Now, you are probably struck by what Paul said there in the middle part, but first note that by Paul calling Timothy a ‘kindred spirit’ and commending him for his ‘proven worth’ and his passion for furthering the gospel, Paul not only greatly encouraged Timothy, but he planted this sense of esteem toward Timothy in these Philippian believers as well. Particularly when he reveals that it was Timothy that stepped up to offer himself in serving them any way he could when others were simply caught up in their own interests. So imagine the reception Timothy got when arrived after this commendation to them about Timothy. Imagine how thankful they were for Timothy after learning how much Paul appreciated Timothy’s commitment and then hearing how much Paul commended Timothy’s character.
One other ‘by the way’ here: Isn’t that a strange, but sad commentary, that here, even in the early church, the Apostle Paul was frustrated by how many around him were, as he put it, ‘not all that concerned for the welfare of others, but were just seeking after their interests ahead of those of Jesus’ interests’? I guess times change, but human nature pretty much stays the same. That’s why we have to develop and promote other habits in our lives, like appreciating others and commending others and being thankful for others…for otherwise, our human nature just reverts to focusing on self service rather than serving others.
And now we can see how these all come together by looking at an amazing thing Paul wrote to the Thessalonians. Check it out: 1 Thess 1:1-3- “Paul and Silvanus and Timothy, To the church of the Thessalonians in God the Father and the Lord Jesus Christ: Grace to you and peace. We give thanks to God always for all of you, making mention of you in our prayers; constantly bearing in mind your work of faith and labor of love and steadfastness of hope in our Lord Jesus Christ in the presence of our God and Father…” NASU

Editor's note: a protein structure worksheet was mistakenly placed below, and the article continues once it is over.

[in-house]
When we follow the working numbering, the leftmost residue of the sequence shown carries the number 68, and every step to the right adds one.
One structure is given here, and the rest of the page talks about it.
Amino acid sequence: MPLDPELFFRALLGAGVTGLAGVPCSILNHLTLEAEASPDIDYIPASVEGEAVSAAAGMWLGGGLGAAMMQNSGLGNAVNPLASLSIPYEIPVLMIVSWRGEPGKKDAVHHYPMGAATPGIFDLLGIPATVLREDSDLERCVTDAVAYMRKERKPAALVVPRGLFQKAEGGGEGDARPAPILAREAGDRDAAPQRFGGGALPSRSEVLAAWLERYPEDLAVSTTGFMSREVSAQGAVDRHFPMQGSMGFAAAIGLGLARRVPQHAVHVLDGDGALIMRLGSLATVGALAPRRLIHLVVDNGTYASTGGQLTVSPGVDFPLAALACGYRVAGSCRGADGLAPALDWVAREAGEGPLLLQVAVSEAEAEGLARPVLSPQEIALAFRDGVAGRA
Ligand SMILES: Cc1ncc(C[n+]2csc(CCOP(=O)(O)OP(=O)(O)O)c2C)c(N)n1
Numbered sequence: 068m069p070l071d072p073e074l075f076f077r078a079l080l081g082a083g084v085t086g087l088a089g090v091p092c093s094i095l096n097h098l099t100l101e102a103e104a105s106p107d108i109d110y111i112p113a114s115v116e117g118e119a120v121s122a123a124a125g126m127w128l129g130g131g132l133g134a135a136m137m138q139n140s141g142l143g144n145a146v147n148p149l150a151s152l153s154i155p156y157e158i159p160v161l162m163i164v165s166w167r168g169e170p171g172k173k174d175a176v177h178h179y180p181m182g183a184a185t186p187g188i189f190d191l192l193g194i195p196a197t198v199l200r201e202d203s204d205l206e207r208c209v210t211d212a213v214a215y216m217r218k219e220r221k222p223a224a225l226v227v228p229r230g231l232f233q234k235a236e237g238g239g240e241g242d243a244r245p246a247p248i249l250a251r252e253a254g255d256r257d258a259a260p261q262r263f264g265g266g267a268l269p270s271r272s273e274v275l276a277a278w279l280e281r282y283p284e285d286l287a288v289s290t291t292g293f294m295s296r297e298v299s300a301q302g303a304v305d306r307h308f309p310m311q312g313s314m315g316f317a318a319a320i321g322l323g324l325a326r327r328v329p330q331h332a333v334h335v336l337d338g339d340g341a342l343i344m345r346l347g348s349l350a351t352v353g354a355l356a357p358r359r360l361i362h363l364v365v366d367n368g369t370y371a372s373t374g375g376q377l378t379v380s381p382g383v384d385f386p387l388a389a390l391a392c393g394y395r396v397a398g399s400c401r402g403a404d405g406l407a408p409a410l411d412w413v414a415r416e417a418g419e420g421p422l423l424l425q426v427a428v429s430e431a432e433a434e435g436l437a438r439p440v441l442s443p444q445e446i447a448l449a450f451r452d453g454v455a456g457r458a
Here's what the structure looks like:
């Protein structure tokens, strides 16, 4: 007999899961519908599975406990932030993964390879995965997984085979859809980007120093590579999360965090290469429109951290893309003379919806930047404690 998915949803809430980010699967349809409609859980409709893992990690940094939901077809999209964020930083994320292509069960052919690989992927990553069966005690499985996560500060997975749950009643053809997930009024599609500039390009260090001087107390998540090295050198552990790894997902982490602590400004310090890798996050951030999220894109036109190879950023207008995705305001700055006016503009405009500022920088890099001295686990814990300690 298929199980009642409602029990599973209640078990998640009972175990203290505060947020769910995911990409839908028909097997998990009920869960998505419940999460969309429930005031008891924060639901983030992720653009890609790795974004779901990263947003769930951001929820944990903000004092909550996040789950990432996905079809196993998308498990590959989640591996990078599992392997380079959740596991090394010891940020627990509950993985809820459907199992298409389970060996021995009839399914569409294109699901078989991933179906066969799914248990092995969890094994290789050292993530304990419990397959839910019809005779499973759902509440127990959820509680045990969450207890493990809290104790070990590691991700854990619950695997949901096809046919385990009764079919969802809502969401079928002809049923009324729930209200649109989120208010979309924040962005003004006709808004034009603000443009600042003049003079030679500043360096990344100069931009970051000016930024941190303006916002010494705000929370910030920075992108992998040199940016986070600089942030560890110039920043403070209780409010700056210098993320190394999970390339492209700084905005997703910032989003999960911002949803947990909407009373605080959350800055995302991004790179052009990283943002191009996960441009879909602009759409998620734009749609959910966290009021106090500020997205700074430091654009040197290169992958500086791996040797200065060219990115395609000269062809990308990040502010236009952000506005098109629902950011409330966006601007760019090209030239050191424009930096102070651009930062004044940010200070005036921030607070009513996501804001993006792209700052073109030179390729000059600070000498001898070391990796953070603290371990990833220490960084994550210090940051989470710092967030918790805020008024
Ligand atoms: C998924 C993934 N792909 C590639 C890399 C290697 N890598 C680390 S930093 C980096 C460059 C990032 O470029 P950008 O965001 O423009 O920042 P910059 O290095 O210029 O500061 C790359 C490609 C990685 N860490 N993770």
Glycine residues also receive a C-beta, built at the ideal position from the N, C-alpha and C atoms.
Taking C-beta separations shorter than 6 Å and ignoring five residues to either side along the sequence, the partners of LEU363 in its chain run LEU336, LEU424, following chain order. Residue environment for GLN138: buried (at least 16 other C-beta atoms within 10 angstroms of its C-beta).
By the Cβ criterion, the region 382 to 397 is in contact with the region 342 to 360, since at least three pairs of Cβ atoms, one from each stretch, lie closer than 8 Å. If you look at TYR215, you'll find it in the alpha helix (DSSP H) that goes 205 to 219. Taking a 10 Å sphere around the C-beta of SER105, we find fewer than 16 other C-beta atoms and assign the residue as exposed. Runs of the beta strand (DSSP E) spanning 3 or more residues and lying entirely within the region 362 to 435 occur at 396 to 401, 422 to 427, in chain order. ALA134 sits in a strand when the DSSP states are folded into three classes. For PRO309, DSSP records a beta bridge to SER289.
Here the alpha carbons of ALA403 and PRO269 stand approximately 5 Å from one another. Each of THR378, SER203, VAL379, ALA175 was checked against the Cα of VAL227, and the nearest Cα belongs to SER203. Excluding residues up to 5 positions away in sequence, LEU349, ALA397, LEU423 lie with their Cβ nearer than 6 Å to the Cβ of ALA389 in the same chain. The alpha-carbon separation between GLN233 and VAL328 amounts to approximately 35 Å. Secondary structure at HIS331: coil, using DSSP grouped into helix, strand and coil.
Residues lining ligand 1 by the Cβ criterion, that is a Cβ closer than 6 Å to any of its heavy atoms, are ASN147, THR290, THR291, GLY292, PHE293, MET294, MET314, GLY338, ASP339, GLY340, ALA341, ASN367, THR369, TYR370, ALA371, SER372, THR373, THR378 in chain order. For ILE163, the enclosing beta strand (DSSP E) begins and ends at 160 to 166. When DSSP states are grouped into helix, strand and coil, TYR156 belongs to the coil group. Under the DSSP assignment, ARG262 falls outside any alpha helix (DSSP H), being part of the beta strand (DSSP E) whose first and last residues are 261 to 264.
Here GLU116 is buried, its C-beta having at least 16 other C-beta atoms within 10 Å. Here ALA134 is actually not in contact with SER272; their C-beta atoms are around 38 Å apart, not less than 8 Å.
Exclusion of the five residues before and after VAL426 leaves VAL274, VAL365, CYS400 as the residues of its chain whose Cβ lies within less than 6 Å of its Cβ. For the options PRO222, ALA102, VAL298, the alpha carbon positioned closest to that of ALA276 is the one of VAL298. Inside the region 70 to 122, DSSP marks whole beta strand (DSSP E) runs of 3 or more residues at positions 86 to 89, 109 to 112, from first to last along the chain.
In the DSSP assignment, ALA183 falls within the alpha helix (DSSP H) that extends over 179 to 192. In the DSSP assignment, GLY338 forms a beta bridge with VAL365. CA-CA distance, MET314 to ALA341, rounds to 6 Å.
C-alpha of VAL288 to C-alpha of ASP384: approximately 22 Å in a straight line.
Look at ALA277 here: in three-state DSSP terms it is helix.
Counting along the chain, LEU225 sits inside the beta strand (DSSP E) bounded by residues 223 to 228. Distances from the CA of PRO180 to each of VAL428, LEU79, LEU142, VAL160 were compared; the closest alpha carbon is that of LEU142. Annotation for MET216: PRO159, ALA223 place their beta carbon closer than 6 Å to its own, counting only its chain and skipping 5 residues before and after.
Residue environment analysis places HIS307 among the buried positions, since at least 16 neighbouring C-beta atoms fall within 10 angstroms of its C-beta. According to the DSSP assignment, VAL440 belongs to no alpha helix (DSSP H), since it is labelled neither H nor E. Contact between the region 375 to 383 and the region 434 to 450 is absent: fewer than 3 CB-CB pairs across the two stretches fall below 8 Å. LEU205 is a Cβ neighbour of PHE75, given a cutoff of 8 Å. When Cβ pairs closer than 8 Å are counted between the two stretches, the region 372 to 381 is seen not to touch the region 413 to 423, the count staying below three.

Here the appreciation of Paul and Silvanus and Timothy toward these Thessalonian believers promotes these words of public commendation of them, which then promotes these expressions of thanksgiving in such a way that for over 2,000 years now, millions of others have learned about the great reputation of these Thessalonian believer’s works of faith and their labor of love and their steadfastness of hope. These believers had lifted others up through these works of theirs, so Paul made sure that he and his friends lifted them up by publicly appreciating and commending and thanking them. And these seeds of appreciation and commendation and thanksgiving grew into blessings for these Thessalonian believers and it also inspired them to continue in their works of faith, their labor of love, and their steadfastness of hope.
Oswald Chambers once said that we are often not aware of how much of a blessing we are to others. So others need to say it. We need to let others know. Like Paul, we are to develop this habit of publicly appreciating others and commending others because those who are worthy of appreciation and commendation are also the very ones who are not seeking it for themselves. No, honorable people like this are not focused on seeking to build themselves up. They are looking to build up others, to edify others around them. But somebody needs to be building them up. That’s how it’s supposed to work. So that’s why you and I are to build them up, as well. It’s like a circle of edification really. And when we do that for others it encourages them to continue their works of faith and their labors of love and their steadfastness of hope. Plus, it promotes this habit of thanksgiving in us and in others.
One other ‘by the way’ as we wrap this up. Did you notice another pattern here in 1 Thessalonians? (Faith, love, and hope…or as it’s usually put: faith, hope, and love) Paul gave us a pattern that can help us identify things that we appreciate about others, things we can commend in others, and things that we can express our thanks for in others. Just identify some things you see in others about their works of faith, about their labors of love, and about their steadfastness of hope. Look for examples of these things in others and then express your appreciation and your commendation and your thanksgiving about it all. And by doing so it will not only promote this overall habit of giving thanks to God and others in your own life, but it will bless others richly and change you greatly.